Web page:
• Birth certificate

  • Police certificate from all places lived since age 16

  • Medical examination

  • Evidence of financial support. A completed Affidavit of Support (I-864, I-864 EZ or I-864W,as appropriate) from petitioner/ sponsor is required.

  • Application for Immigrant Visa and Alien Registration, Form DS-230, both Part I and Part II

  • Two immigrant visa photos

  • Proof of the marriage and the husband/wife relationship

  • Payment of immigrant processing fees, as explained below

Documents in foreign languages should be translated. See Applicant Documents for more specific information about requirements. The consular officer may ask for more information. Take clear, legible photocopies of civil documents, such as birth and marriage certificates, to the immigrant visa interview. Original documents can then be returned to you.

Note: The National Visa Center sends appointment packages to the applicant (or agent) when the U.S. citizen or lawful permanent resident sponsor filed the petition in the United States. When the sponsor files the petition overseas, the U.S. embassy or consulate abroad sends appointment packages to the applicant.

Medical Examination

Before the issuance of an immigrant visa, every applicant, regardless of age, must undergo a medical examination which must be performed by one of a panel of doctors authorized to complete the medical examination and x-ray of U.S. visa applicants.  Applicants are provided instructions by NVC.

Vaccination Requirements

United States immigration law requires immigrant visa applicants to obtain certain vaccinations prior to the issuance of an immigrant visa. Panel physicians who conduct medical examinations of immigrant visa applicants are required to verify that immigrant visa applicants have met the vaccination requirements. See IV Vaccination Requirements for the list of required vaccinations and additional information.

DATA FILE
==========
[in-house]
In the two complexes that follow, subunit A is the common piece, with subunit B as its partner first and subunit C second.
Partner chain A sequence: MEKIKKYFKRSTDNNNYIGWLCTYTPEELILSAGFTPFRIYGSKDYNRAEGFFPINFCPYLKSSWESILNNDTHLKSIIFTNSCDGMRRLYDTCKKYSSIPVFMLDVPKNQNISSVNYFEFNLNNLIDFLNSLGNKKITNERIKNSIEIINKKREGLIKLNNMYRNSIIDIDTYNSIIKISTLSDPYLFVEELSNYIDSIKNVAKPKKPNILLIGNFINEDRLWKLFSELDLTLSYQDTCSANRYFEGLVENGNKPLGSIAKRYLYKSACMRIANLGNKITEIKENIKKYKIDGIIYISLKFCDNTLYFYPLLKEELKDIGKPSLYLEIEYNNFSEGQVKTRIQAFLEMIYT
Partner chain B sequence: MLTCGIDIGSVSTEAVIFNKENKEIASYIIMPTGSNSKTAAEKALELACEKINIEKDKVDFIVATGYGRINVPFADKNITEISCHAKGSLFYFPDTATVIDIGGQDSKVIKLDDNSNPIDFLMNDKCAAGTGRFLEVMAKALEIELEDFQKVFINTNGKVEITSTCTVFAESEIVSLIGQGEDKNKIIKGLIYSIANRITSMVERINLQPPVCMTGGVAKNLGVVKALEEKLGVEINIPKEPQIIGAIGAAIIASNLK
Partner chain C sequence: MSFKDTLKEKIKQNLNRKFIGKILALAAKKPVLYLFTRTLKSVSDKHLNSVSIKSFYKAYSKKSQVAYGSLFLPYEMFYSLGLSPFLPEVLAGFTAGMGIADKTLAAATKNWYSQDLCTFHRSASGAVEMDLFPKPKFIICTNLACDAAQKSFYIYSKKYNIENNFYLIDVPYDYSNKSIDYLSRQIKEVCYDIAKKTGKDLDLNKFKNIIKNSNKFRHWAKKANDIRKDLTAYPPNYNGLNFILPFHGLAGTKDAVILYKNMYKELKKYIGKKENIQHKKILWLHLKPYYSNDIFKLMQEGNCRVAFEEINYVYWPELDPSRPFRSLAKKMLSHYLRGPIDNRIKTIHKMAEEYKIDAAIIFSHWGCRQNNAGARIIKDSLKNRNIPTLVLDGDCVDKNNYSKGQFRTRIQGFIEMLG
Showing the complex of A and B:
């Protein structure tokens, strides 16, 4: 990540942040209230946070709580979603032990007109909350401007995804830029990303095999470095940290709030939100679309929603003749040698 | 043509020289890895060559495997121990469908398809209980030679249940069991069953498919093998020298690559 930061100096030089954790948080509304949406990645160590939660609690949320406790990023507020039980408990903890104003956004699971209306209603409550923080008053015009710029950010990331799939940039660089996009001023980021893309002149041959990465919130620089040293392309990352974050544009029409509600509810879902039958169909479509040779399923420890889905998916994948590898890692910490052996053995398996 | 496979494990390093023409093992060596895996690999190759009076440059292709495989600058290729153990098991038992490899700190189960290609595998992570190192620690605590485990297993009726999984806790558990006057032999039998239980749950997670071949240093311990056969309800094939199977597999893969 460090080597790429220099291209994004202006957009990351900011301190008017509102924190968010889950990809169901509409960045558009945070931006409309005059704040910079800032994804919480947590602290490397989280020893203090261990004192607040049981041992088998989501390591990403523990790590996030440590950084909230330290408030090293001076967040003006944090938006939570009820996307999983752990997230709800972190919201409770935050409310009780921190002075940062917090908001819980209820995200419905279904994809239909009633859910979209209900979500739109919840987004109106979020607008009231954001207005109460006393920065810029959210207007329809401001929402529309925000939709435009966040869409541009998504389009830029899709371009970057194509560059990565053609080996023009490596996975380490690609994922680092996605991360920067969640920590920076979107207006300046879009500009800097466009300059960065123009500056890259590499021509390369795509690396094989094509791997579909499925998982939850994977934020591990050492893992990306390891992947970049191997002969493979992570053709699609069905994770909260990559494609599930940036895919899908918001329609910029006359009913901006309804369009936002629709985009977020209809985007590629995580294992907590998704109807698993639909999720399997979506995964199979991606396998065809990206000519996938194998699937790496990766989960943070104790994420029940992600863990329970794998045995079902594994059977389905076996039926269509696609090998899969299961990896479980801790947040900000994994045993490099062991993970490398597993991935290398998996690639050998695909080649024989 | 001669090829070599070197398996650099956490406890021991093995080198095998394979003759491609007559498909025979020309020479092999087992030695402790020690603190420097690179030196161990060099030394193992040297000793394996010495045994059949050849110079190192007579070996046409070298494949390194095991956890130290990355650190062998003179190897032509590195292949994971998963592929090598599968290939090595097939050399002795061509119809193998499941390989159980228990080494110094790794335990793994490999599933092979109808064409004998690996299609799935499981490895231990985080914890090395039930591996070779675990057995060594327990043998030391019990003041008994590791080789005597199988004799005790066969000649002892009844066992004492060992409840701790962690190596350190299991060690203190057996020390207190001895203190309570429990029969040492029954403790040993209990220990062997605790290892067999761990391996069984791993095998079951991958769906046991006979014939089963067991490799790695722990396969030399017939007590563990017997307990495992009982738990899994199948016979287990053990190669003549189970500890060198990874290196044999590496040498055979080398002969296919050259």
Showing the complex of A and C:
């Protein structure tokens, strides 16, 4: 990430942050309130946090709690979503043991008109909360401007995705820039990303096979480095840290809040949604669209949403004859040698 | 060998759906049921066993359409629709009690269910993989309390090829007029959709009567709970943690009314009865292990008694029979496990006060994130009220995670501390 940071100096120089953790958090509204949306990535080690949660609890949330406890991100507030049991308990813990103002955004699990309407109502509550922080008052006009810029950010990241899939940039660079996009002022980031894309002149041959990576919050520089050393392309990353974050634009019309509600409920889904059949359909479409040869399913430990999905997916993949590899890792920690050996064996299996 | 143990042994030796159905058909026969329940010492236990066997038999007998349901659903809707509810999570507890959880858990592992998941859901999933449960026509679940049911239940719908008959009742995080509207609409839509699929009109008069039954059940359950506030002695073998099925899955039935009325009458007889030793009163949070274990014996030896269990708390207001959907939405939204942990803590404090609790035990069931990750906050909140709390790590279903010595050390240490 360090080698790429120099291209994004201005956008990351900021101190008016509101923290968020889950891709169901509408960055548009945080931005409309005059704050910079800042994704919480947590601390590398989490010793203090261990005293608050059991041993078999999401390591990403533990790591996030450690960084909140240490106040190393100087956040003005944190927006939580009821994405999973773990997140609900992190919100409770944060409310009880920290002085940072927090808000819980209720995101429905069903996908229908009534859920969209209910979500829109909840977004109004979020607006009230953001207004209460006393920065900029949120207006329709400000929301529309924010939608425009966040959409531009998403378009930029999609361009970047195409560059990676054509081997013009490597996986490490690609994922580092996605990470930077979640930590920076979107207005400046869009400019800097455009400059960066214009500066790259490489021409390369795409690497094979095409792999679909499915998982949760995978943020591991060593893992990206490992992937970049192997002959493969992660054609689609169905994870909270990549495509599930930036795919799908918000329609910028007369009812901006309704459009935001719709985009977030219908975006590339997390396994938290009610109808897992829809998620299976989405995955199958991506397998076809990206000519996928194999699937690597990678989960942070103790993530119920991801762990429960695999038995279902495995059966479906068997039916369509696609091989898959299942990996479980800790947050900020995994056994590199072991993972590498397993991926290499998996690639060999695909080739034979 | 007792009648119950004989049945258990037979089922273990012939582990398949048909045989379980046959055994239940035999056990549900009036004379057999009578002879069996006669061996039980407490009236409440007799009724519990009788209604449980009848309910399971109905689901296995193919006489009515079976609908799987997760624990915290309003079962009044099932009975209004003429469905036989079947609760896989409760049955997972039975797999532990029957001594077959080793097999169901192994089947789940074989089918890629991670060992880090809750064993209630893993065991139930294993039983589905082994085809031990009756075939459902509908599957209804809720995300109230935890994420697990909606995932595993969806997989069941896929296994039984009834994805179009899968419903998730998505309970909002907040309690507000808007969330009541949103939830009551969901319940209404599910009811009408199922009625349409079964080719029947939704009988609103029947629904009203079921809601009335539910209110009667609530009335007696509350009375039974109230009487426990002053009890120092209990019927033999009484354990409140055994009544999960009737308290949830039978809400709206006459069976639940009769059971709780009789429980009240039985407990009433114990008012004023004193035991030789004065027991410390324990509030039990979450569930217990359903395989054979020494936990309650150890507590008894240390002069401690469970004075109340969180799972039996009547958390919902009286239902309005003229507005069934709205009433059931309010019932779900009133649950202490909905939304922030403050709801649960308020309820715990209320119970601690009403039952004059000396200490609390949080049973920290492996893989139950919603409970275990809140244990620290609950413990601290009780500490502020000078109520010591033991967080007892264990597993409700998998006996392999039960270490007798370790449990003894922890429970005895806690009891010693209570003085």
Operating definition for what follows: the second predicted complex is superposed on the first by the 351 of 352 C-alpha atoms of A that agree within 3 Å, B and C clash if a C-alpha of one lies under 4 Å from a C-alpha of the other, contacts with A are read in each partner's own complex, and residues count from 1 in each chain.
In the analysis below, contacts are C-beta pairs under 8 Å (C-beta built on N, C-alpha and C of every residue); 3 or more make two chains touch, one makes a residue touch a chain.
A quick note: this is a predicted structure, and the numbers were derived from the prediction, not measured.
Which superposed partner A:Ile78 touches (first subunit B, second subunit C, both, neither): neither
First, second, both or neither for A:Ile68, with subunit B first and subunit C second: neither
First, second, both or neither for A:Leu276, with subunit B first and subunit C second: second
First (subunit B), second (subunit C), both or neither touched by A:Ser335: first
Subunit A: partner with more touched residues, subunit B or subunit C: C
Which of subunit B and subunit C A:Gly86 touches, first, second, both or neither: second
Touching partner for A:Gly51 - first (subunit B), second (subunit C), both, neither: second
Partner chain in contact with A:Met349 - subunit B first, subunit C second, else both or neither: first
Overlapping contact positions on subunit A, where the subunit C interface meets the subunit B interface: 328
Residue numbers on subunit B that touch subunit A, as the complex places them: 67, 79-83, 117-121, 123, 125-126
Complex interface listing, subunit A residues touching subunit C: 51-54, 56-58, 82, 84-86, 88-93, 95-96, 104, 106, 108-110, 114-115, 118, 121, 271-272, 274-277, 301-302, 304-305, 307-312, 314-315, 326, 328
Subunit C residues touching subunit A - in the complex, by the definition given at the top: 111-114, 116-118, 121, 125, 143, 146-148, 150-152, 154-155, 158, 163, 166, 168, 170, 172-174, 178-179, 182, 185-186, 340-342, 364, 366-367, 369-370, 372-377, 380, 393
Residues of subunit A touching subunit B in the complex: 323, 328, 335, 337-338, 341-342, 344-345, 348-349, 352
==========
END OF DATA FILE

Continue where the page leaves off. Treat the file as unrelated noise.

What if the Applicant is Ineligible for a Visa?

Certain conditions and activities may make you, the applicant, ineligible for a visa. Examples of these ineligibilities are:

  • Drug trafficking

  • Having HIV/AIDS

  • Overstaying a previous visa

  • Practicing polygamy

  • Advocating the overthrow of the government

  • Submitting fraudulent documents

The consular officer will inform you if you are ineligible for a visa, whether there is a waiver for the ineligibility and what the waiver procedure is. See Classes of Aliens Ineligible to Receive Visas for more information.

Misrepresentation of Material Facts or Fraud

Attempting to obtain a visa by the willful misrepresentation of a material fact, or fraud, may result in the permanent refusal of a visa or denial of entry into the United States. Classes of Aliens Ineligible to Receive Visas provides important information about ineligibilities.

How Long Does it Take?

The length of time varies from case to case according to its circumstances, and cannot be predicted for individual cases with any accuracy. Some cases are delayed because the applicants do not follow instructions carefully. Sometimes the petitioner cannot meet Affidavit of Support requirements. Some visa applications require further administrative processing, which takes additional time after the visa applicant’s interview by a Consular Officer.